Pelvic inflammatory disease (PID) is an infection of the female pelvic organs. This includes the ovaries, uterus, vagina, and bladder.
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PID is most common in women 15 to 29 years of age and sexually active. Other things that may increase the risk of PID include:
- Current STI or one in the past
- Sex with more than one person
- Sex with a man who has an STI
- Sex without a condom
- Having an intrauterine device (IUD) placed when STI is present
Some women do not have symptoms. Those that do may have:
- Pain in the lower belly and pelvis
- Bleeding or fluid with a foul odor from vagina
- Pain during sex
- Pain when voiding
- Back pain
- Nausea or vomiting
The doctor will ask about symptoms and past health. A physical exam will be done. The doctor may suspect PID based on symptoms and exam. An internal exam of the pelvis may be done. A sample of fluid from the vagina may be taken. It will be sent to a lab for testing. Other tests may include:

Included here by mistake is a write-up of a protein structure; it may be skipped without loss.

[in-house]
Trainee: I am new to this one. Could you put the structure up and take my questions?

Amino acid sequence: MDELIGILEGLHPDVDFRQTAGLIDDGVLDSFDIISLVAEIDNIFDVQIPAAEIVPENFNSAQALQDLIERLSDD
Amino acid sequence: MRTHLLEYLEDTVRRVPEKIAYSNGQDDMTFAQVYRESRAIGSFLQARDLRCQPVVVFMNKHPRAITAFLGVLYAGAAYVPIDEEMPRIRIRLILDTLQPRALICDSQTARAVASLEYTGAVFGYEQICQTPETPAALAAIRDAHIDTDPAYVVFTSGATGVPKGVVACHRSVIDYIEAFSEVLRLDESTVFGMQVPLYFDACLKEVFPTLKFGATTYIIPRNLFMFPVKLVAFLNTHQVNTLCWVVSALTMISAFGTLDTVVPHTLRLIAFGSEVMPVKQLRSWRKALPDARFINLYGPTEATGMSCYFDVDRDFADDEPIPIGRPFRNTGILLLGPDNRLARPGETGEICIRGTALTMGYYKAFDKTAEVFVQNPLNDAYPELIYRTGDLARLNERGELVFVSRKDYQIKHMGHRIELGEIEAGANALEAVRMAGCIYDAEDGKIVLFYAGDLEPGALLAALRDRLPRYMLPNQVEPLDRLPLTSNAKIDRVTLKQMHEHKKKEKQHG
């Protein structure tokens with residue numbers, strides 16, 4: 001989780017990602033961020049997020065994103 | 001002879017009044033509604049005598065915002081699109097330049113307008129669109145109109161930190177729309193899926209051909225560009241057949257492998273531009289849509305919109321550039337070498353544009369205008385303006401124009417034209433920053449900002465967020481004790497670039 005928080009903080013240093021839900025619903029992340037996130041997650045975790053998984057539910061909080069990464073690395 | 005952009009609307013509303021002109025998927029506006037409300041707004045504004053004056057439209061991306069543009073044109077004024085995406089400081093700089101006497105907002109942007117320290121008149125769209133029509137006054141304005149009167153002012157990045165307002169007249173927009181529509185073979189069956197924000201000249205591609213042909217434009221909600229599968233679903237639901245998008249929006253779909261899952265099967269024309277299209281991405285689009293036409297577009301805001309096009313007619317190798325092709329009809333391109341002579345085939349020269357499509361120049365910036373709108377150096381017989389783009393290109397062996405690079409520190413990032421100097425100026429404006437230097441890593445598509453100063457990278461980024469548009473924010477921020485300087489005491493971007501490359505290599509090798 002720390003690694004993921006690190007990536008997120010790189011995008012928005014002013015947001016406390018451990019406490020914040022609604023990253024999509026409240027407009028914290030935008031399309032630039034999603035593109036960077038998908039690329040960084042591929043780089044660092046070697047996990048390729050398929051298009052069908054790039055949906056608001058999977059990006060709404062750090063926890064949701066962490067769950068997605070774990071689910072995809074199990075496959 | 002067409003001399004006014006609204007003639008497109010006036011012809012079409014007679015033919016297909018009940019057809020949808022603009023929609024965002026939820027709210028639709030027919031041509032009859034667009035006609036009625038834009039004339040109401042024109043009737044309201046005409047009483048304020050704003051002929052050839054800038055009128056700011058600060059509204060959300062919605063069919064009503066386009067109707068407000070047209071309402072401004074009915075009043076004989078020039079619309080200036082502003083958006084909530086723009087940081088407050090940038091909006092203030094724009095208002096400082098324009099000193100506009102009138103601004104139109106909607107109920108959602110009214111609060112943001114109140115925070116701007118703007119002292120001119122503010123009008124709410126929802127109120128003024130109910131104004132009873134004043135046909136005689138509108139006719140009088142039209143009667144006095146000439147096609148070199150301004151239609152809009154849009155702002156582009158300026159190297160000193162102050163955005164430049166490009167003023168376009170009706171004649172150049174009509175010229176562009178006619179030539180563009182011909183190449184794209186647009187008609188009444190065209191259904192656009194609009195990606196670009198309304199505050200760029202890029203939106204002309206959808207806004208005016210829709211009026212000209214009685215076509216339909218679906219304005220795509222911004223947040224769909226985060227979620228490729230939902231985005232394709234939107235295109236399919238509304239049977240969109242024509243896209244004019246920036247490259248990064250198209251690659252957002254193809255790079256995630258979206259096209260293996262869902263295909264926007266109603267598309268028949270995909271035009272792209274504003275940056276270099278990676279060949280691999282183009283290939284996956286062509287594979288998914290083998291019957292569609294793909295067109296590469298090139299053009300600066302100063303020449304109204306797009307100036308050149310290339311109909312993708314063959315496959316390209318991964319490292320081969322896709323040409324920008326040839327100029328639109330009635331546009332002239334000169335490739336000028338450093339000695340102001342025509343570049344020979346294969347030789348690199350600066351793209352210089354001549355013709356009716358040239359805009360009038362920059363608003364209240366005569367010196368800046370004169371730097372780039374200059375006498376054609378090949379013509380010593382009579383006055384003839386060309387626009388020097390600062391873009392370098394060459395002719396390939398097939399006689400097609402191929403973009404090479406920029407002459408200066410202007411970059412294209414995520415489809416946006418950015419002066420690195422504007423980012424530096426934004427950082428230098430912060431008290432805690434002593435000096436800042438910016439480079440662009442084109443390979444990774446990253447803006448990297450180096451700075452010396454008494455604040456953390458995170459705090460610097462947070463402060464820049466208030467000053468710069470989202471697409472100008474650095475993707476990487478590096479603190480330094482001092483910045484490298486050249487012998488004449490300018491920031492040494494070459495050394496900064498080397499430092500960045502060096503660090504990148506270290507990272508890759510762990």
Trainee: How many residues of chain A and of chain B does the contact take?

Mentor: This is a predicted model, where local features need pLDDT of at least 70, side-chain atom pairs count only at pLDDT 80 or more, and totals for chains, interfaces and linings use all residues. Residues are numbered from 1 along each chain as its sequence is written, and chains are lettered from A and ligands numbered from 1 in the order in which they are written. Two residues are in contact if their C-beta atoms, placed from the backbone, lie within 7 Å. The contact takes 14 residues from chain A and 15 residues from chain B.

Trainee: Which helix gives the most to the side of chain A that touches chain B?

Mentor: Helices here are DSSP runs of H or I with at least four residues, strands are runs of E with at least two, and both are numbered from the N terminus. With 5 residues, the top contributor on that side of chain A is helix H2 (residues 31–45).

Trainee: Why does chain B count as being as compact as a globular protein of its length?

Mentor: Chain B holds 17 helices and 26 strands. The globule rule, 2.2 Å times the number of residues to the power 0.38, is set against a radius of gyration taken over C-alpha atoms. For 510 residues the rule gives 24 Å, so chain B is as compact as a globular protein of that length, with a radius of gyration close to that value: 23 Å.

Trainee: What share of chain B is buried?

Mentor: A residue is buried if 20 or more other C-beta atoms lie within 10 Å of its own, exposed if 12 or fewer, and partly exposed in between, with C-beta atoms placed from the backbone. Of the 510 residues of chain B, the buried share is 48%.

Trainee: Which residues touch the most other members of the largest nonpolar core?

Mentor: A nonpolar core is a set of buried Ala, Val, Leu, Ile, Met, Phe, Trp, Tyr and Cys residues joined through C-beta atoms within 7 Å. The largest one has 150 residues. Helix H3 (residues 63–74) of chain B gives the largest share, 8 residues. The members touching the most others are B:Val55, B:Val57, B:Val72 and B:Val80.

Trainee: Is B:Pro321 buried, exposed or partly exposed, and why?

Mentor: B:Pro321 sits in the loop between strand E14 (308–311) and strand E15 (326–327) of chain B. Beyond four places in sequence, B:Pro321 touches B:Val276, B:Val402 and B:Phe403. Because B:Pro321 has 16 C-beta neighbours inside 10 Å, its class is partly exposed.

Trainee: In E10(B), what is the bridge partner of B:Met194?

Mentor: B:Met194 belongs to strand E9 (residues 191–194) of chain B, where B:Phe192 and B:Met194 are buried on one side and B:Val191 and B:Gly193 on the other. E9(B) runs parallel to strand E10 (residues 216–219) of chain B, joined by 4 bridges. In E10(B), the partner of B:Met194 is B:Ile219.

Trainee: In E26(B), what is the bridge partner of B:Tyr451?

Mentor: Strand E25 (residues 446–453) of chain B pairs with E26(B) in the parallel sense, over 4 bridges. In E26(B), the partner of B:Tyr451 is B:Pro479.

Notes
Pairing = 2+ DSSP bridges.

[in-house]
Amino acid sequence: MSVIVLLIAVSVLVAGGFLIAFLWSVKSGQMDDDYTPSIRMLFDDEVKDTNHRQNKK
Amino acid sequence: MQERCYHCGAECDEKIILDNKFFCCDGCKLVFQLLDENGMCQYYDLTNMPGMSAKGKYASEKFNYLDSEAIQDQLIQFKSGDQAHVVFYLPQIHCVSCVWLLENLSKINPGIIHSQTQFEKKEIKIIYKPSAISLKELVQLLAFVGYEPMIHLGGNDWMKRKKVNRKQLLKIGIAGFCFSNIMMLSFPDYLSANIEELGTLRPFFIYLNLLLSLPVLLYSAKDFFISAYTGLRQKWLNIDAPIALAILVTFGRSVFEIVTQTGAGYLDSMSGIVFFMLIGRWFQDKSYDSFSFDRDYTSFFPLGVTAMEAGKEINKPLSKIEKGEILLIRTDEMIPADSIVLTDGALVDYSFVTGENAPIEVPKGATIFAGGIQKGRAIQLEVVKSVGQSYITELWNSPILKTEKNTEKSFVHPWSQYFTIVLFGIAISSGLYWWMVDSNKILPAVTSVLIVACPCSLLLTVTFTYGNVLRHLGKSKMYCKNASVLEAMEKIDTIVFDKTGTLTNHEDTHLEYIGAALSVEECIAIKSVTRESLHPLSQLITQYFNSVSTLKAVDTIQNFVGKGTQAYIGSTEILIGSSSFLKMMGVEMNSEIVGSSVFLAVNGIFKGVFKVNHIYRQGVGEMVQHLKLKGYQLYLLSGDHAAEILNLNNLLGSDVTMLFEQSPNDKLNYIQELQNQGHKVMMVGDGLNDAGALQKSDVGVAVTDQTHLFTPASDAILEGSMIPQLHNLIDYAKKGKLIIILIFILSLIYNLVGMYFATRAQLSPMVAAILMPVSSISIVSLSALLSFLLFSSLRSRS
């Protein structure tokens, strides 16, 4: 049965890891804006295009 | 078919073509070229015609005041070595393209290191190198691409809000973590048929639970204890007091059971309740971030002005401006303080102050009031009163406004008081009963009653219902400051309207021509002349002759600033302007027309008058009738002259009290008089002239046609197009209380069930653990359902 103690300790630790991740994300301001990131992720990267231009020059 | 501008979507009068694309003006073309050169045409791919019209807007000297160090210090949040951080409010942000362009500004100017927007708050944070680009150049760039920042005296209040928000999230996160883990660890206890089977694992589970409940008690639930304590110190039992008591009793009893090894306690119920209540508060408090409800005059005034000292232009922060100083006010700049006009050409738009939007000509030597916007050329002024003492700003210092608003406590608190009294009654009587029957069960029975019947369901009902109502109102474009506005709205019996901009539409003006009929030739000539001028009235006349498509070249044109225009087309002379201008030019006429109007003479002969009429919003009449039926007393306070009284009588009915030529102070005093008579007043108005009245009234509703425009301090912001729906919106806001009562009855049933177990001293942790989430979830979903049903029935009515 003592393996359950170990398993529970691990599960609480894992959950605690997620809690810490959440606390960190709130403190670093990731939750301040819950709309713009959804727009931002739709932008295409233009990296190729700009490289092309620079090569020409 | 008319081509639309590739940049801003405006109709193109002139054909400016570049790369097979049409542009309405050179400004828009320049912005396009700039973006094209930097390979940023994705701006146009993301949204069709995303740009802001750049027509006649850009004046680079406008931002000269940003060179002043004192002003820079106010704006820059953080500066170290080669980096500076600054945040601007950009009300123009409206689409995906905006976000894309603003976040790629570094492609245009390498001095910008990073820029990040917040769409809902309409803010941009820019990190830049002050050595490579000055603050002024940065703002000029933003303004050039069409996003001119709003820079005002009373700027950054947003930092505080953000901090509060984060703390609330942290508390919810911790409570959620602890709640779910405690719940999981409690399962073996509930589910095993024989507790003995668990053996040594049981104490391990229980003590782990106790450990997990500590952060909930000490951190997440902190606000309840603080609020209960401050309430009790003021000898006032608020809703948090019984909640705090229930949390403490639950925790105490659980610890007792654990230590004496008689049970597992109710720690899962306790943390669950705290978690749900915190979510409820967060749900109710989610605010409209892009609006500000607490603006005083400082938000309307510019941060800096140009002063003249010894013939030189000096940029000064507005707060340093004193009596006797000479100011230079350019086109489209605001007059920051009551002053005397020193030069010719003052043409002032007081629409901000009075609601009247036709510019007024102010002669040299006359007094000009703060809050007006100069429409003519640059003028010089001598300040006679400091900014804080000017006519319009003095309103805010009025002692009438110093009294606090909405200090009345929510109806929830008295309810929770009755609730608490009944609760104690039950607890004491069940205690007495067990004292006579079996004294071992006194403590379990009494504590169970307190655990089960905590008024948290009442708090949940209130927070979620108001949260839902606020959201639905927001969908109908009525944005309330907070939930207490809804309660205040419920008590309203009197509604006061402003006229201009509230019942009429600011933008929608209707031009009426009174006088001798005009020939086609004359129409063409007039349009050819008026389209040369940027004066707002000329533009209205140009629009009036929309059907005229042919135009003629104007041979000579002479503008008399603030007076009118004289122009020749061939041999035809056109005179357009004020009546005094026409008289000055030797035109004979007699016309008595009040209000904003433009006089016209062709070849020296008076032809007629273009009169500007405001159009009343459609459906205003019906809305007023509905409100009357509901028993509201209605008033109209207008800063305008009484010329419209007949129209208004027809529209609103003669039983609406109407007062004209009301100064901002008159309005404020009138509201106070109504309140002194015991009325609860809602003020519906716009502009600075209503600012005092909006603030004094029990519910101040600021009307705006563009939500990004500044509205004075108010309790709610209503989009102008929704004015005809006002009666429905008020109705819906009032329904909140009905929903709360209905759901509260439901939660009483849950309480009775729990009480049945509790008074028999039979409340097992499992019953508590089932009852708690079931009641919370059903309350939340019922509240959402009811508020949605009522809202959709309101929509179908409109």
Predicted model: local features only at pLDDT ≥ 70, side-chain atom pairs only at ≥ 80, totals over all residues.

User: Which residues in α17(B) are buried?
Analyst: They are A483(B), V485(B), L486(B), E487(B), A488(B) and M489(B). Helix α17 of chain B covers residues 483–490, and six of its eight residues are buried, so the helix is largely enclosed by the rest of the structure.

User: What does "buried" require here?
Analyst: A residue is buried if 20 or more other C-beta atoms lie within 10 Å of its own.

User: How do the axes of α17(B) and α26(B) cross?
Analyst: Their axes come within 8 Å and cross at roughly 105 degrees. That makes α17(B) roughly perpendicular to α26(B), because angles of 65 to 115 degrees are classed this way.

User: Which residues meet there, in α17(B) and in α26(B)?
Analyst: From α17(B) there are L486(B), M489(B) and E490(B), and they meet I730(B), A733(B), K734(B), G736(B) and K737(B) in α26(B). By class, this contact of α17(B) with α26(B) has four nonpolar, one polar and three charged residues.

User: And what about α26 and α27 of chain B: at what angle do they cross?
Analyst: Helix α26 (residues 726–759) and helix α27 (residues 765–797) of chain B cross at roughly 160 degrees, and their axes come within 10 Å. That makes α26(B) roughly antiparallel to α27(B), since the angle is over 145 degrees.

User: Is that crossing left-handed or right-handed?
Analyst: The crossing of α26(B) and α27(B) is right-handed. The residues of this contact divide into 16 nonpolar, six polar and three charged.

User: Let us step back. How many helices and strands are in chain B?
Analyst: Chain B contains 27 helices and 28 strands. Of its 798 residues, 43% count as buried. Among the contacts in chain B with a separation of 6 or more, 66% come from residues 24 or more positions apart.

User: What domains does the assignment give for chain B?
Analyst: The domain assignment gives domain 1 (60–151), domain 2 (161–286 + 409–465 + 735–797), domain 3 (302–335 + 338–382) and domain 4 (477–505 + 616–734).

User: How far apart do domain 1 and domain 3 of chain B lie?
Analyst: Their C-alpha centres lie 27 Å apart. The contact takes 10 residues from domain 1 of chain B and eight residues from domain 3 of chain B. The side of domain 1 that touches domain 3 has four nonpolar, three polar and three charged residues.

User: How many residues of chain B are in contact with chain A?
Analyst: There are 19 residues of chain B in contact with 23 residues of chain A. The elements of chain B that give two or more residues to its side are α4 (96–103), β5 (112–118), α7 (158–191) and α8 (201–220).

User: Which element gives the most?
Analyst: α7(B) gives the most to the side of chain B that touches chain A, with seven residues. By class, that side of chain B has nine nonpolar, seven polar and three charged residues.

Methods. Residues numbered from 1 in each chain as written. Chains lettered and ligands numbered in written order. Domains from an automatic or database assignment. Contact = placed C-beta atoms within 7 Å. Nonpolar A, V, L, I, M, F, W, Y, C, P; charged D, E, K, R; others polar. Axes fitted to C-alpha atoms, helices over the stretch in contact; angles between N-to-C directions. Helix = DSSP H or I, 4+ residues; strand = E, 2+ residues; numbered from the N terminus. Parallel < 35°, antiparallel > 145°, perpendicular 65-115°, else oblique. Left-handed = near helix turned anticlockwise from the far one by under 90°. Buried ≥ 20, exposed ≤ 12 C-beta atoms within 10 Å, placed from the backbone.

- Urine tests—to check for pregnancy or infection
- Blood tests—to check for signs of infection
Antibiotics can treat the infection. Sex partners should also get treated or the infection will continue. Hospital care may be needed if the infection does not clear with basic care.
PID can cause damage to pelvic organs if it is not treated. This can lead to problems with fertility, pregnancy, and cause long term pain.
Steps that may help to prevent PID include:
- Use a condom when you have sex. Put it on before genital contact.
- Limit the number of people you have sex with.
- Get tested for STIs. Test yearly or after sexual contact with new partners.
American Congress of Obstetricians and Gynecologists
National Institute of Allergy and Infectious Diseases
The Society of Obstetricians and Gynaecologists of Canada
Women's Health Matters
2015 STD treatment guidelines. Centers for Disease Control and Prevention website. Available at: https://www.cdc.gov/std/tg2015/. Accessed October 4, 2020.
Pelvic inflammatory disease (PID)—CDC fact sheet. Centers for Disease Control and Prevention website. Available at: http://www.cdc.gov/std/pid/STDFact-PID.htm. Accessed October 4, 2020.
Pelvic inflammatory disease. EBSCO DynaMed website. Available at: http://www.dynamed.com/topics/dmp~AN~T114793/Pelvic-inflammatory-disease-PID. Accessed October 4, 2020.
Last reviewed October 2020 by EBSCO Medical Review Board Kathleen A. Barry, MD Last Updated: 10/4/2020